NEW YORK (AP) — The state of the country’s public libraries: Higher demand, tighter funding and much more connected.
“The Condition of U.S. Public Libraries, Trends 1999-2009,” compiled by the American Library Association and released Thursday, shows a steady upward trend of visits, from 1.23 billion in 2002 to more than 1.4 billion in 2007, and a struggle for money since the recession began.
Out of 45 states reporting, 24 decreased library funding in the previous year, and money for an additional 11 states was unchanged. Nearly 15 percent of libraries said hours had been cut.
“As the poor economy continues to fuel deep library budget cuts, I’m haunted by the notion that for each hour a library is closed, and for every service lost, thousands will lose the opportunity to better their lives through education,” American Library Association President Camila Alire said in a statement.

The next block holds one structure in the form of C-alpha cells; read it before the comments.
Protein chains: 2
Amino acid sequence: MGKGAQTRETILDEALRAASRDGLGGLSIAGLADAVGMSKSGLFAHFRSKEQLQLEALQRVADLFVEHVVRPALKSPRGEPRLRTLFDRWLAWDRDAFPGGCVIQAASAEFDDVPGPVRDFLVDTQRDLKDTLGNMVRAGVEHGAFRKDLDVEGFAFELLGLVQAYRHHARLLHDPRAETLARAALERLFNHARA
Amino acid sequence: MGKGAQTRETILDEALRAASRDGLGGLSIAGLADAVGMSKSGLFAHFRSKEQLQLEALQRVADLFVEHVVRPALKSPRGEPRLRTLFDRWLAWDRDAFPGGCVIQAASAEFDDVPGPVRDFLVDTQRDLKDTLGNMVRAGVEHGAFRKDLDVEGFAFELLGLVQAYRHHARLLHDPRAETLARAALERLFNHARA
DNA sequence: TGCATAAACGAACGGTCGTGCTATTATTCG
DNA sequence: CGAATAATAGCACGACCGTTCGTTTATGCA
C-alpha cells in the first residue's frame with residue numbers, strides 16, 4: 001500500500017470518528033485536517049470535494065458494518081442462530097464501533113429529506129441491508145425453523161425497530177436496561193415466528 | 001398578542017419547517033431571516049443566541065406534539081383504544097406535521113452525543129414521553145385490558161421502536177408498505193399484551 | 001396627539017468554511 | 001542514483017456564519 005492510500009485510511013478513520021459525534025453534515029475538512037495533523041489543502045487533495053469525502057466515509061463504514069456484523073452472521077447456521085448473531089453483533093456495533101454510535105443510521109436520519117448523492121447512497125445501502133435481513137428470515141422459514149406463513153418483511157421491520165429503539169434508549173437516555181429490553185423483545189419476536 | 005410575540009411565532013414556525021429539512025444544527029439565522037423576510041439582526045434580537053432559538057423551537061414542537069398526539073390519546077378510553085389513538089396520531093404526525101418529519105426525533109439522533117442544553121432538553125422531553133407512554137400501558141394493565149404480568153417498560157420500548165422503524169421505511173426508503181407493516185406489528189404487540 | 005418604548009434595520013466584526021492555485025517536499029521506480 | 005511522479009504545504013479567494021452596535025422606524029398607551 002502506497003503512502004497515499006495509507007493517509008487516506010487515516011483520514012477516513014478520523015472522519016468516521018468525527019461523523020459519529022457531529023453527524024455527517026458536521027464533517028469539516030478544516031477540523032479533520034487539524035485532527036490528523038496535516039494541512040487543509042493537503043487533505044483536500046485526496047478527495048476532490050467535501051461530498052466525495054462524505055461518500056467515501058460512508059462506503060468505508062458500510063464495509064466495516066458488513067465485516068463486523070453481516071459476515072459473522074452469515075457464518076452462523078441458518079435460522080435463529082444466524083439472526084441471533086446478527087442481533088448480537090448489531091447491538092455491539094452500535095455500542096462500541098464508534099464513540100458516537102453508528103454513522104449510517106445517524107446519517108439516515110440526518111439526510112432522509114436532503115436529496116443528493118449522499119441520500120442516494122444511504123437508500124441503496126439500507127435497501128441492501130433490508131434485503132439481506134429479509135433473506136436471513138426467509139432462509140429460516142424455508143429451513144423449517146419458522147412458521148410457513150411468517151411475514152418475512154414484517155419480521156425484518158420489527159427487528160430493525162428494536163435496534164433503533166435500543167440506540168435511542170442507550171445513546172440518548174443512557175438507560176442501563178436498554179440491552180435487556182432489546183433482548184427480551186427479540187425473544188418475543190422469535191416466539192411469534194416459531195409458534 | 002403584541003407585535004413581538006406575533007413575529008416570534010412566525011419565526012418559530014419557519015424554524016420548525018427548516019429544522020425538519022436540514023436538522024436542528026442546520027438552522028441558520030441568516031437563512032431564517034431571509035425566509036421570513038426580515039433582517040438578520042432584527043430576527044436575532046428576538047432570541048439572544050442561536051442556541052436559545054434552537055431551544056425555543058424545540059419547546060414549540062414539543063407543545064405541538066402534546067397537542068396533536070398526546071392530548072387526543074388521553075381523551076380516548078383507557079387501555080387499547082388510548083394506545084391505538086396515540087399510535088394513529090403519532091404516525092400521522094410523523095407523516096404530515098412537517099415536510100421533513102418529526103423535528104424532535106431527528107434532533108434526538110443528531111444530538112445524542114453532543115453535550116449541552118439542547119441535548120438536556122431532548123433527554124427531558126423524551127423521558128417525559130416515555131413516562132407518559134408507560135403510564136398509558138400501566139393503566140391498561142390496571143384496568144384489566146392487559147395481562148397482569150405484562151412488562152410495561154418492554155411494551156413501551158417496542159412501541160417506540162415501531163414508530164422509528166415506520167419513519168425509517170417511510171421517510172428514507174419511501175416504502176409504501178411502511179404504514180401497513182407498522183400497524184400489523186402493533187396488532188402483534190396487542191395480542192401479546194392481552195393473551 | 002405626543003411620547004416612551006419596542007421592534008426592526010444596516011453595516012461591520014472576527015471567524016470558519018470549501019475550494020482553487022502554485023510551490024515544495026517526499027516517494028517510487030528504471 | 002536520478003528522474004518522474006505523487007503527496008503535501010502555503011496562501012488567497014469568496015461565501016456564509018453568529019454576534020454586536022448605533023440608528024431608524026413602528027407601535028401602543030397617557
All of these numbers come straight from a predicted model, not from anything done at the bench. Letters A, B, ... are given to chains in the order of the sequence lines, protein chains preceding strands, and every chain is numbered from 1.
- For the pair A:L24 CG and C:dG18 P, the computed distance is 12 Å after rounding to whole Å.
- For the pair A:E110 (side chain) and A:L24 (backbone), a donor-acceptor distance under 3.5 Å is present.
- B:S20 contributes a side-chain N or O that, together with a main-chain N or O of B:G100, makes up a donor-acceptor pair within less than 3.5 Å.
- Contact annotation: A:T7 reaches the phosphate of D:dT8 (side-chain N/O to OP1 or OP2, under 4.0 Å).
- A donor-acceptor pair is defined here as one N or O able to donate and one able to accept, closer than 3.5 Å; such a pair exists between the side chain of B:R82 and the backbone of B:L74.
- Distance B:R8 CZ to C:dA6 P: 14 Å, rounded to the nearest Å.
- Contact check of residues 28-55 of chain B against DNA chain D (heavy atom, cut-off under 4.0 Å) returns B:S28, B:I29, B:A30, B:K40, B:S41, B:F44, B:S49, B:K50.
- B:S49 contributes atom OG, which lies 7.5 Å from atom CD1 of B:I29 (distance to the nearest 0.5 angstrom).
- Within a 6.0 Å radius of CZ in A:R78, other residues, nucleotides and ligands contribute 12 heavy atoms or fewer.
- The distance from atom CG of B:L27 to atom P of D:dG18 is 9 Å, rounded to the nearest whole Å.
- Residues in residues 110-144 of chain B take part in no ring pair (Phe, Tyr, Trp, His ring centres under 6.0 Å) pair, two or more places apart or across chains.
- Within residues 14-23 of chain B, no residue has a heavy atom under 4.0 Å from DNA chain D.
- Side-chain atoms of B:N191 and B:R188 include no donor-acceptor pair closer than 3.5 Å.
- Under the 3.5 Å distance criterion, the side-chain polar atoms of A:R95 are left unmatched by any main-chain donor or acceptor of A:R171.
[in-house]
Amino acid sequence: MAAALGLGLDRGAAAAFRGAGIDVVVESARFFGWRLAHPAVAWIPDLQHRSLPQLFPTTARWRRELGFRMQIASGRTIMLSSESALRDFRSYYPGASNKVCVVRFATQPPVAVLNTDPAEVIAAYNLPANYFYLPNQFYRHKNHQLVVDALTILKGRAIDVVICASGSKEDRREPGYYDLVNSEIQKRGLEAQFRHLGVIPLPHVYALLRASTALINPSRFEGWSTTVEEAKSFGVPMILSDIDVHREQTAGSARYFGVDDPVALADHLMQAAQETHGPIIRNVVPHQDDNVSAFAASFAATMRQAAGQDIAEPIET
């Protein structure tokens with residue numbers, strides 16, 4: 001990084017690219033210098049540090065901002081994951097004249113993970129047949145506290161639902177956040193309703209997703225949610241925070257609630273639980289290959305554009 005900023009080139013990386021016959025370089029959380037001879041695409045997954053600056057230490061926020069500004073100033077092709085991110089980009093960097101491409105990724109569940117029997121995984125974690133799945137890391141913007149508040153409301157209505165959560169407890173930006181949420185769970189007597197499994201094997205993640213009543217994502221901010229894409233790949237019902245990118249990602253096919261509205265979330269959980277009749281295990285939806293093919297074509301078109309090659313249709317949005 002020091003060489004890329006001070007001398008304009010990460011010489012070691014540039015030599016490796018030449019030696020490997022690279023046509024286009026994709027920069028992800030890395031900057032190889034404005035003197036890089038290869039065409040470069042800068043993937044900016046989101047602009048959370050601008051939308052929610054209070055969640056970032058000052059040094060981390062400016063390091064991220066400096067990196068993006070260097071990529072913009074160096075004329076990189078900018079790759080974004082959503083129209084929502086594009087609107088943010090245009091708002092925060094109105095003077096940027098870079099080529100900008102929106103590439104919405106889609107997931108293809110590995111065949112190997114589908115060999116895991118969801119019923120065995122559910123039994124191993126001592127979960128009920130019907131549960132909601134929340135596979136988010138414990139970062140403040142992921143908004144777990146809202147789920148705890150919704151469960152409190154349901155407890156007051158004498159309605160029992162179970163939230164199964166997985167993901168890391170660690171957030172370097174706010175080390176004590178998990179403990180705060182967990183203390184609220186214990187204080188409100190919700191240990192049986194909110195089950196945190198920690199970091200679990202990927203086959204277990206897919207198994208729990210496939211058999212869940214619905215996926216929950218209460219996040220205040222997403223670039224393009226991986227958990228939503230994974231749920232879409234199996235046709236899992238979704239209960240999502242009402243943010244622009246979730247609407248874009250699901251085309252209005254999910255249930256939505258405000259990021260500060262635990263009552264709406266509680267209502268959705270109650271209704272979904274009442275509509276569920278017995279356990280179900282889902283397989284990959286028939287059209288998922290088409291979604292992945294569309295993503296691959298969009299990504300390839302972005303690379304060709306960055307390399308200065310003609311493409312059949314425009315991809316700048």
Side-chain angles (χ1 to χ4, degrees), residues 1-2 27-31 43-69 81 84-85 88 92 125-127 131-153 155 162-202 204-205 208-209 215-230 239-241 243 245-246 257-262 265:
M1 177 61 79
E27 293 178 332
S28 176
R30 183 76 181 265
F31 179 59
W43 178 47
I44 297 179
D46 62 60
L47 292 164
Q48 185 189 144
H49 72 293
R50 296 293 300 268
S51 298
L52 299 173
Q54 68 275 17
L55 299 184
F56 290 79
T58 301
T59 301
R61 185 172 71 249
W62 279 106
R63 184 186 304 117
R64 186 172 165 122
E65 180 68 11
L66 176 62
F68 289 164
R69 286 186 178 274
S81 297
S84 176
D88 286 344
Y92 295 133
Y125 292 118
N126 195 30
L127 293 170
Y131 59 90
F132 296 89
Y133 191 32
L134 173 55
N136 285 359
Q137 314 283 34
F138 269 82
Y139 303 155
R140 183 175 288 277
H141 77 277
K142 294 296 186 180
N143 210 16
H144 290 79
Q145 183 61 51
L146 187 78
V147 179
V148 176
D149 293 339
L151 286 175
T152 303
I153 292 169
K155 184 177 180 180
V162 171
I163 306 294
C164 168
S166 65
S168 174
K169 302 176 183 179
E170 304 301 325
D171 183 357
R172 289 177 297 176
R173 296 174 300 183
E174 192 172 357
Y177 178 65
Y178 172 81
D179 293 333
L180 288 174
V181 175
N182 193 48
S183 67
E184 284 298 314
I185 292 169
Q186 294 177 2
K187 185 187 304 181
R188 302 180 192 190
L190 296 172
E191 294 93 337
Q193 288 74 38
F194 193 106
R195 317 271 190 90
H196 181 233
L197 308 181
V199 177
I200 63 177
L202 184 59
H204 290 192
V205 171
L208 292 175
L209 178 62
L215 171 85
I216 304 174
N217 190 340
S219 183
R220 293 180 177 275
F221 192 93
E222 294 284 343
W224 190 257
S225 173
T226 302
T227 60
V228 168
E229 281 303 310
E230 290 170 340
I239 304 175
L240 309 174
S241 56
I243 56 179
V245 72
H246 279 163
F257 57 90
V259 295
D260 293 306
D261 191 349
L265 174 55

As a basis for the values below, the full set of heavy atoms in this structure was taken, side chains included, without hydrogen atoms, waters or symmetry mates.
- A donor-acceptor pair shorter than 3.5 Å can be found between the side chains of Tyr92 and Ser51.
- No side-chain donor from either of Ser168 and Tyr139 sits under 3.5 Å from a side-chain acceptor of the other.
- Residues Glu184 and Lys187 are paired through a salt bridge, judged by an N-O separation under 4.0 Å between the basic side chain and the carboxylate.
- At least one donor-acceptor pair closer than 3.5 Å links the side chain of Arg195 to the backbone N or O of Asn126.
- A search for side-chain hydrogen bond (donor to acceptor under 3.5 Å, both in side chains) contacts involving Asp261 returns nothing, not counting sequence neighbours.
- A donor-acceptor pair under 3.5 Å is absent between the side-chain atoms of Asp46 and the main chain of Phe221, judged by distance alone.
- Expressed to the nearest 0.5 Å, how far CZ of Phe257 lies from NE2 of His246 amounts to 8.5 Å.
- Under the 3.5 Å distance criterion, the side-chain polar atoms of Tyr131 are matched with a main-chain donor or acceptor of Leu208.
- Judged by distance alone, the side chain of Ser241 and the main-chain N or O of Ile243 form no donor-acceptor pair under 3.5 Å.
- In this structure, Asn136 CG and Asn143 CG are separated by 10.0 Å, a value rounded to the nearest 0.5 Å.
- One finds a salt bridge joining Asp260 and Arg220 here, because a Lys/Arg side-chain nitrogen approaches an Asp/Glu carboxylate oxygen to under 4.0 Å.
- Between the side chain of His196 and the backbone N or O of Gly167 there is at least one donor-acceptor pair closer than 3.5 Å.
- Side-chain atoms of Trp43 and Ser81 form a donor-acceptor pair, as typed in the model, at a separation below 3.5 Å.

A separate report, funded by the ALA and the Bill & Melinda Gates Foundation, shows one notable improvement: Internet access.
According to the study, 76 percent of libraries had wireless access in 2009, compared to just under 18 percent in 2004. E-book availability increased from less than 40 percent of libraries in 2006-2007, to well over 50 percent in 2008-09.
During that same time, the percentage of libraries offering online video jumped from less than 15 percent to just over 50 percent.